Zambia hints at fifth telco operator

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Thursday, Feb 20th

Equity Bank's thin SIM tech on the horizon

Equity Bank's thin SIM tech on the horizon.

Kenyan citizens can soon expect to access Equity Bank's ultra-thin SIM technology following a high court ruling on Friday, 29 May 2015.

Equity is the largest bank in East Africa with more than 10 million bank customers.

Speaking to ITWeb Africa John Staley, chief officer for finance, innovation and technology at Equity Bank said they still have another court case scheduled for 11 June 2015, but they expect it to go in their favour following the Kenyan high court's decision.

Equity, which won a mobile virtual network operator (MVNO) licence last year, partnered with Taiwanese headquartered Taisys to launch thin SIMs for one year in the East African nation.

According to Taisys the thin SIMs can be 'stuck' onto existing SIM cards and "then be used to execute mobile banking transactions, releasing the bank from the limitations of a telco-issued banking SIM."

Speaking on the sidelines Staley said that they plan to roll-out the technology "fairly soon".

"I can't give the exact date but we are confident it will be in the next few months," he said

Security concerns

Equity's plans to roll-out the thin SIM technology has been met with much resistance especially from Kenya's leading mobile operator, Safaricom, as it would rival its M-Pesa mobile money service.

Safaricom issued a complaint to the Communications Authority (CA) arguing that risks such as PIN theft and denial of service could occur with the thin-SIMs.

However, Staley said much of the resistance towards the technology comes from Safaricom as they see it as a threat to what they are doing.

"We understood all along that we weren't going to displace the Safaricom SIM card. They've got better coverage than everyone else and they've got M-Pesa," he said.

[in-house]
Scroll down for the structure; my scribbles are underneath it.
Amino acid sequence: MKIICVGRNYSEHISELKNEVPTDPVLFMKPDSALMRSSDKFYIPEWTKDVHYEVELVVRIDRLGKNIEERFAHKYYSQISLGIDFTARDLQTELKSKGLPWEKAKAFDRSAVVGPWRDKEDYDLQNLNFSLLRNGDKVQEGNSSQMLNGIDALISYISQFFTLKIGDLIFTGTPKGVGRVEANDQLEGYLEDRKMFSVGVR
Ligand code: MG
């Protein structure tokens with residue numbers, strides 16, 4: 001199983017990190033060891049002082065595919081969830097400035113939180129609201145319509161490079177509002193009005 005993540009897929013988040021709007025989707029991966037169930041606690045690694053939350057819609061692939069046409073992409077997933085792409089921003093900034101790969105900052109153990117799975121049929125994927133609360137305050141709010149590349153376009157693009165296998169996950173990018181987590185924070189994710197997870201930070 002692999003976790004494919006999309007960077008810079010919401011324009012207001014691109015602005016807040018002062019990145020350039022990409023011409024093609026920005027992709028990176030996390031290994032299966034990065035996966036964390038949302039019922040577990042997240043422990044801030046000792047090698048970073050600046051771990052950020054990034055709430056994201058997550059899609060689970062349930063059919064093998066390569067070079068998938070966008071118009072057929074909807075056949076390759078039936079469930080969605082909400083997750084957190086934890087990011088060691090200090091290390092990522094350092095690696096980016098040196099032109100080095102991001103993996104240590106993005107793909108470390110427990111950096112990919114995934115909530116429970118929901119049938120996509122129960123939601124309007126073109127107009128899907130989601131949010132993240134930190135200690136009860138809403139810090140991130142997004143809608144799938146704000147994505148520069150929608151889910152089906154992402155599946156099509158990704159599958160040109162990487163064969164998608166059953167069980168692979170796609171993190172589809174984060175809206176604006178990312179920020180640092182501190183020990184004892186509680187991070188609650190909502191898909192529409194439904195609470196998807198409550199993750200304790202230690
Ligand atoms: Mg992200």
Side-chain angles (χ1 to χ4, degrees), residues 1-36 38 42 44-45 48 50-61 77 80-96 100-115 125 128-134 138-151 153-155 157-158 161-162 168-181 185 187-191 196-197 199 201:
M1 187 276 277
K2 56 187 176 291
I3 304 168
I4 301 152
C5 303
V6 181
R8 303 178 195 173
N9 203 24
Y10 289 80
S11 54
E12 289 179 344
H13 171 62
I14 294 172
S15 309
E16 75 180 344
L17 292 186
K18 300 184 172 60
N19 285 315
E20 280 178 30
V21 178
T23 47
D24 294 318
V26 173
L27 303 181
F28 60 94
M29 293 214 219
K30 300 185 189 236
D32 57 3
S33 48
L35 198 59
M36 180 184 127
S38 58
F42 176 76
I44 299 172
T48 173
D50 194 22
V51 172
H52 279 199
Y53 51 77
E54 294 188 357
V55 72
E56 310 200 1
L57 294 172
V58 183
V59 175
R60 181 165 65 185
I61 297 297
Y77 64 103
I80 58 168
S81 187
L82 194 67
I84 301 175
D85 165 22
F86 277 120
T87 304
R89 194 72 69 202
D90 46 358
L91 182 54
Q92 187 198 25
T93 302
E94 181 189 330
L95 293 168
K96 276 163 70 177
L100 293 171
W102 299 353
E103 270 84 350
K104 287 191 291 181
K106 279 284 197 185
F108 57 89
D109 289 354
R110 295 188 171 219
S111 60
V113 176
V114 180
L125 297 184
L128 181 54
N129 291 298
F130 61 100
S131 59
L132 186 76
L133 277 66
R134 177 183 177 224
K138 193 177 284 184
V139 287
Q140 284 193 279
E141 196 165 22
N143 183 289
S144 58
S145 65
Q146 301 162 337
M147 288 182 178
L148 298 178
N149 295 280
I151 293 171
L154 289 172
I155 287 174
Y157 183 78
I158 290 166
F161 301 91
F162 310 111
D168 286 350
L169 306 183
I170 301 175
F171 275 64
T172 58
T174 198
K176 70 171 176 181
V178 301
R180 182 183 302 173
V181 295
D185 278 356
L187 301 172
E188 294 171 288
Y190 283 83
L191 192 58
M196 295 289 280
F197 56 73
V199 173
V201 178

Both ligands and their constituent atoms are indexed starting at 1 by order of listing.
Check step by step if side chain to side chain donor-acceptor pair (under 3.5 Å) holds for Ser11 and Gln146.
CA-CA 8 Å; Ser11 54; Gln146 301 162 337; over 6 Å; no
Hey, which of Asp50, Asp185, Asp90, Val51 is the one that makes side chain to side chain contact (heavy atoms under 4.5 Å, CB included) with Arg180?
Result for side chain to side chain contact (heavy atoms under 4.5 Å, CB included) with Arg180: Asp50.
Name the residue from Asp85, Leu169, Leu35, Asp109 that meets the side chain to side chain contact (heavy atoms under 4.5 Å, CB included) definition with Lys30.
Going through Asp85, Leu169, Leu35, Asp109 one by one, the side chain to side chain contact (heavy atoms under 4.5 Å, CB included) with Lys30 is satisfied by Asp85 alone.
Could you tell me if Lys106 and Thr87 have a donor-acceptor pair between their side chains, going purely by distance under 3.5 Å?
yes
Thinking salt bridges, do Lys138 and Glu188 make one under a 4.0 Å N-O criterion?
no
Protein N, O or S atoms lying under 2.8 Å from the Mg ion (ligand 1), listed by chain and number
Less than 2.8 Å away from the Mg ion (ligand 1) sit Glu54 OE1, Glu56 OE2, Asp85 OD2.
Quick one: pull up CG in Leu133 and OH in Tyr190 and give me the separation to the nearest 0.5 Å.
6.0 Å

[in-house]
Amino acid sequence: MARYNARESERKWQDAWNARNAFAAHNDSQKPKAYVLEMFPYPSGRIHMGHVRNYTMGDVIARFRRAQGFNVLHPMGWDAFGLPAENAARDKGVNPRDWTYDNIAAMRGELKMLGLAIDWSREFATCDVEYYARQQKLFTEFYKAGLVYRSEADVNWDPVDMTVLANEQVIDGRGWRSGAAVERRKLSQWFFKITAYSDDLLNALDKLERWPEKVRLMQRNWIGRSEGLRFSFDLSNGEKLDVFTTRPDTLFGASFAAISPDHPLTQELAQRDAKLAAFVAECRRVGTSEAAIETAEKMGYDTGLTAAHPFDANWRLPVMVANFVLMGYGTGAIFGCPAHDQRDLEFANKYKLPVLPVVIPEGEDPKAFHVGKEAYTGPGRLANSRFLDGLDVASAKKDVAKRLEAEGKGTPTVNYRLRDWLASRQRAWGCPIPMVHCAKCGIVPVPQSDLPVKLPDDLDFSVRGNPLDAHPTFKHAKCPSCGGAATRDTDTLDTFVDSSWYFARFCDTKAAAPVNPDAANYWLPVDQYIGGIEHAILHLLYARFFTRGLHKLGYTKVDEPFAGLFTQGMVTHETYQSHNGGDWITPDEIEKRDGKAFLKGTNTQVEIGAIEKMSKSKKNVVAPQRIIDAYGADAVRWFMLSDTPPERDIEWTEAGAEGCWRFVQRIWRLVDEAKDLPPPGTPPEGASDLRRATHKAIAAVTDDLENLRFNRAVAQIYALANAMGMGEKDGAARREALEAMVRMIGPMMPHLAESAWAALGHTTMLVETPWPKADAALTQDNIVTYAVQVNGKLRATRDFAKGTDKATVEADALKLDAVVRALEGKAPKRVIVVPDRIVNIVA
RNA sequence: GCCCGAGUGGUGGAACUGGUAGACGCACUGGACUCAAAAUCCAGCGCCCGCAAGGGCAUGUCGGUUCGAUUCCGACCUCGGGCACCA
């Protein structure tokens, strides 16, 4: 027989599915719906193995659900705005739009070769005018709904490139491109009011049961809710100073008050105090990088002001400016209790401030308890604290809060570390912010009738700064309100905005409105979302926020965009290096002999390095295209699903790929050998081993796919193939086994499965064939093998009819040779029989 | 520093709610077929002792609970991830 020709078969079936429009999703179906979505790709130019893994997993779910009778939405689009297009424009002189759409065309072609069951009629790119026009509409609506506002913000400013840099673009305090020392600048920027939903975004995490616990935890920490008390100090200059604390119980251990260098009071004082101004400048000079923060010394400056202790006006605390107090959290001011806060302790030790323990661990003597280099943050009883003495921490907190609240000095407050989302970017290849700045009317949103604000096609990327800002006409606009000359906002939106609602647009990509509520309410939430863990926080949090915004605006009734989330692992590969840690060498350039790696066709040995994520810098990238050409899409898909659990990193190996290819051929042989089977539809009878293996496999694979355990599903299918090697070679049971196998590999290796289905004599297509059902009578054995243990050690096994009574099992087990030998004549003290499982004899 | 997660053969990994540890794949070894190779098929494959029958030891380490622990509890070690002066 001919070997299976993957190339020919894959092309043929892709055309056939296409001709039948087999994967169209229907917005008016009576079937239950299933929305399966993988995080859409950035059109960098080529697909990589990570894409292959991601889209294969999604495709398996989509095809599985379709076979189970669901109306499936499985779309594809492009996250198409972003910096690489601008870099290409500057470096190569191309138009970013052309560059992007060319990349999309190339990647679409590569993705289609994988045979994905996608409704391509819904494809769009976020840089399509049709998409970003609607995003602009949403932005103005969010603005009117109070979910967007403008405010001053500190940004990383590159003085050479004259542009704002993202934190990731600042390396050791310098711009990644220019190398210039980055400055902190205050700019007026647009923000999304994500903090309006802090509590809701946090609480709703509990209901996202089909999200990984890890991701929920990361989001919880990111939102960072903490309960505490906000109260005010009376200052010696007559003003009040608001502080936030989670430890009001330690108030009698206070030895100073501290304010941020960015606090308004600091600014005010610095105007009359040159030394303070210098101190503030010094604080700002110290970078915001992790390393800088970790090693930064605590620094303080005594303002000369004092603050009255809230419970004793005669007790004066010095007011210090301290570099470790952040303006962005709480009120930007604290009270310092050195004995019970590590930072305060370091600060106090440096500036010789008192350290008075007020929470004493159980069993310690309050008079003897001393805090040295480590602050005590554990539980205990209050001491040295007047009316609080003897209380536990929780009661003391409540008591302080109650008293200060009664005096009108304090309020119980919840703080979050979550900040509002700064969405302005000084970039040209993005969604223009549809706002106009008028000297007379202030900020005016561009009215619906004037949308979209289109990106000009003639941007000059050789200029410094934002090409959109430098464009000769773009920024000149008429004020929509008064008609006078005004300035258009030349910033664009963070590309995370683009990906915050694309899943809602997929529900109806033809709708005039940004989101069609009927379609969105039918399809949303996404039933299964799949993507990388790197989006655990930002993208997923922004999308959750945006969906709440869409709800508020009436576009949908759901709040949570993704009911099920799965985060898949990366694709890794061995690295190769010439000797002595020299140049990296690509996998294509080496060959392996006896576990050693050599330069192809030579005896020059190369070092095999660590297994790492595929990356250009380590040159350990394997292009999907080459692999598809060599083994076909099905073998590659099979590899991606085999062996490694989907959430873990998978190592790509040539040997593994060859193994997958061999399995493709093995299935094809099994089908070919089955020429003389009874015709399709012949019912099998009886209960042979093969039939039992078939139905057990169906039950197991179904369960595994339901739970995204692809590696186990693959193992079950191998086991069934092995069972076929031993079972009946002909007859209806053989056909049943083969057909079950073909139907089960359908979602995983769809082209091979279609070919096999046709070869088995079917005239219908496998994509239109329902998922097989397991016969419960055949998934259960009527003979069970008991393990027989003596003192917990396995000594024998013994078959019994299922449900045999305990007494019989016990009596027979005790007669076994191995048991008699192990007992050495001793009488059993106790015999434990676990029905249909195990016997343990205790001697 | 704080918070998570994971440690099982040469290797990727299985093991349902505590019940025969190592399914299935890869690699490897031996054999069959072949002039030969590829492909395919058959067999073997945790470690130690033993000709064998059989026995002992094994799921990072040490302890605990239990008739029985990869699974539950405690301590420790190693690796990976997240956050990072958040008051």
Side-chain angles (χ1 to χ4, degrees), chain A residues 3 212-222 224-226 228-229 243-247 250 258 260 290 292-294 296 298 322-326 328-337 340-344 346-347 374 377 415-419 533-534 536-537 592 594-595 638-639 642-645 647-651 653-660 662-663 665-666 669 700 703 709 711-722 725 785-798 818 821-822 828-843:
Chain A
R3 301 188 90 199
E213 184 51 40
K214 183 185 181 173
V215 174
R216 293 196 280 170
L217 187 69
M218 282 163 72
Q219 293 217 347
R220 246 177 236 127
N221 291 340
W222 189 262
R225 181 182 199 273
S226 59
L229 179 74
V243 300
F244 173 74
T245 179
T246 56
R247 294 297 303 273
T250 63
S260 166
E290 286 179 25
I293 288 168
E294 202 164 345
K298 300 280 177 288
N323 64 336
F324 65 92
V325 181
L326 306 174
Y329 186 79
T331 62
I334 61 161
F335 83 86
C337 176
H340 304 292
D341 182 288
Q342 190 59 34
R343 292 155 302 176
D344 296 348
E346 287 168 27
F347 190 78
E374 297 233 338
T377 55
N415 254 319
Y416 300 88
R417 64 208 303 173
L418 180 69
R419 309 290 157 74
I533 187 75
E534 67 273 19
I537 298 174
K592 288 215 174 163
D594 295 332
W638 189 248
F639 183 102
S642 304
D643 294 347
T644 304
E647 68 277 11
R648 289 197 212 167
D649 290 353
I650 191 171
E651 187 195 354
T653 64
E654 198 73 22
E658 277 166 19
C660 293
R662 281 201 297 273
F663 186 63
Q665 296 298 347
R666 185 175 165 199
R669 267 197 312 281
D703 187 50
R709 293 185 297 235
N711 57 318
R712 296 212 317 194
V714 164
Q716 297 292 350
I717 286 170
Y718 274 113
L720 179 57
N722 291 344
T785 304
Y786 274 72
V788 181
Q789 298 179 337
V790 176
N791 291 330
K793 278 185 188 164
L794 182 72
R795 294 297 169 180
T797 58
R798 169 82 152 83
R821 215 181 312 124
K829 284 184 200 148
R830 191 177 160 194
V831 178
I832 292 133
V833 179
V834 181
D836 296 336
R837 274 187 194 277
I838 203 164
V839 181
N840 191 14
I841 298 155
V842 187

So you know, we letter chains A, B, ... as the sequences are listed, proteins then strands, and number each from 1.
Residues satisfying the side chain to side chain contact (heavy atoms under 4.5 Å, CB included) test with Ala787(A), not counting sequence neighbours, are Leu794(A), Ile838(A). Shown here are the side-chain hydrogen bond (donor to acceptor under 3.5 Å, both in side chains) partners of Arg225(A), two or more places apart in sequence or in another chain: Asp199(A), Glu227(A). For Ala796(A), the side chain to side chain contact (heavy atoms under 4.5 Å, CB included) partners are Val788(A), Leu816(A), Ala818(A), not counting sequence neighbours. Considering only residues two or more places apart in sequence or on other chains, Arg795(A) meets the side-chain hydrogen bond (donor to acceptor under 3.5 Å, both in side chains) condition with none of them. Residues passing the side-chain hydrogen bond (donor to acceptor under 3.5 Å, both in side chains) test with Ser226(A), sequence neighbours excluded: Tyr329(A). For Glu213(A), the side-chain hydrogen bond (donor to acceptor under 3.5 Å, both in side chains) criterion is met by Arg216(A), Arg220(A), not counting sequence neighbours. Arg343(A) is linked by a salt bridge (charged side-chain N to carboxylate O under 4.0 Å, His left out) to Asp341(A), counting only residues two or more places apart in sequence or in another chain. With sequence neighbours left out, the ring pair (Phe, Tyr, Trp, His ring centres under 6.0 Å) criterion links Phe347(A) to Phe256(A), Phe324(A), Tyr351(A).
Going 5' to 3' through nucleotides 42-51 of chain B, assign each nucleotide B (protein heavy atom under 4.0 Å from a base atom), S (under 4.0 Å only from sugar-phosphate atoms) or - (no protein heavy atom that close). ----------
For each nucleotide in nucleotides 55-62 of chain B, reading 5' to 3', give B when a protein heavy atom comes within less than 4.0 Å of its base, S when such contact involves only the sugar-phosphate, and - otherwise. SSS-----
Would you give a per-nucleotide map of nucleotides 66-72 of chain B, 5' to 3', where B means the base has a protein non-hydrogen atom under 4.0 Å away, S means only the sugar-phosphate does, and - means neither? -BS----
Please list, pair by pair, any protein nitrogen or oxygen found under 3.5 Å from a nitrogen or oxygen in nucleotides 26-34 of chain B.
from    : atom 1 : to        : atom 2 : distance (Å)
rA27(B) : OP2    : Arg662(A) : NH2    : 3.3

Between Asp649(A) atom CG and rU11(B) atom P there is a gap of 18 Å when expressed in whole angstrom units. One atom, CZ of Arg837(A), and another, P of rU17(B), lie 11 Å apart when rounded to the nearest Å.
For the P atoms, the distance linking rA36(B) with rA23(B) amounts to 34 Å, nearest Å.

"We needed to look for a technology where we could give affordable secure mobile banking to our customers and the only way you can do that is by one controlling the channel yourself because USSD is a very cheap channel. If you can control the USSD channel then you don't have to charge your customers, they can do banking for free from a telecommunications point of view.

"The other aspect is security. You have to be able to do transactions securely and in order to do that you need encryption keys and the only place where encryption keys are sitting on most phones is on the SIM card," he explained.

As a bank we had to get control of the SIM card in order to provide affordable, secure mobile banking, he said.

Staley also noted that they are not only looking to rival Safaricom in Kenya, rather they plan to provide the thin SIM technology across the East African region.

"We're targeting a 100 million customers and every single one of those customers will be able to send money, buy goods, and pay utility bills.

"Safaricom and M-Pesa cannot really grow out of Kenya... We're very excited because we think we can create the 'M-Pesa' of East Africa, of Africa and we can do it on an interoprable basis," he said.

Staley was a guest speaker at the Mondato Summit Africa currently taking place in Johannesburg, South Africa.

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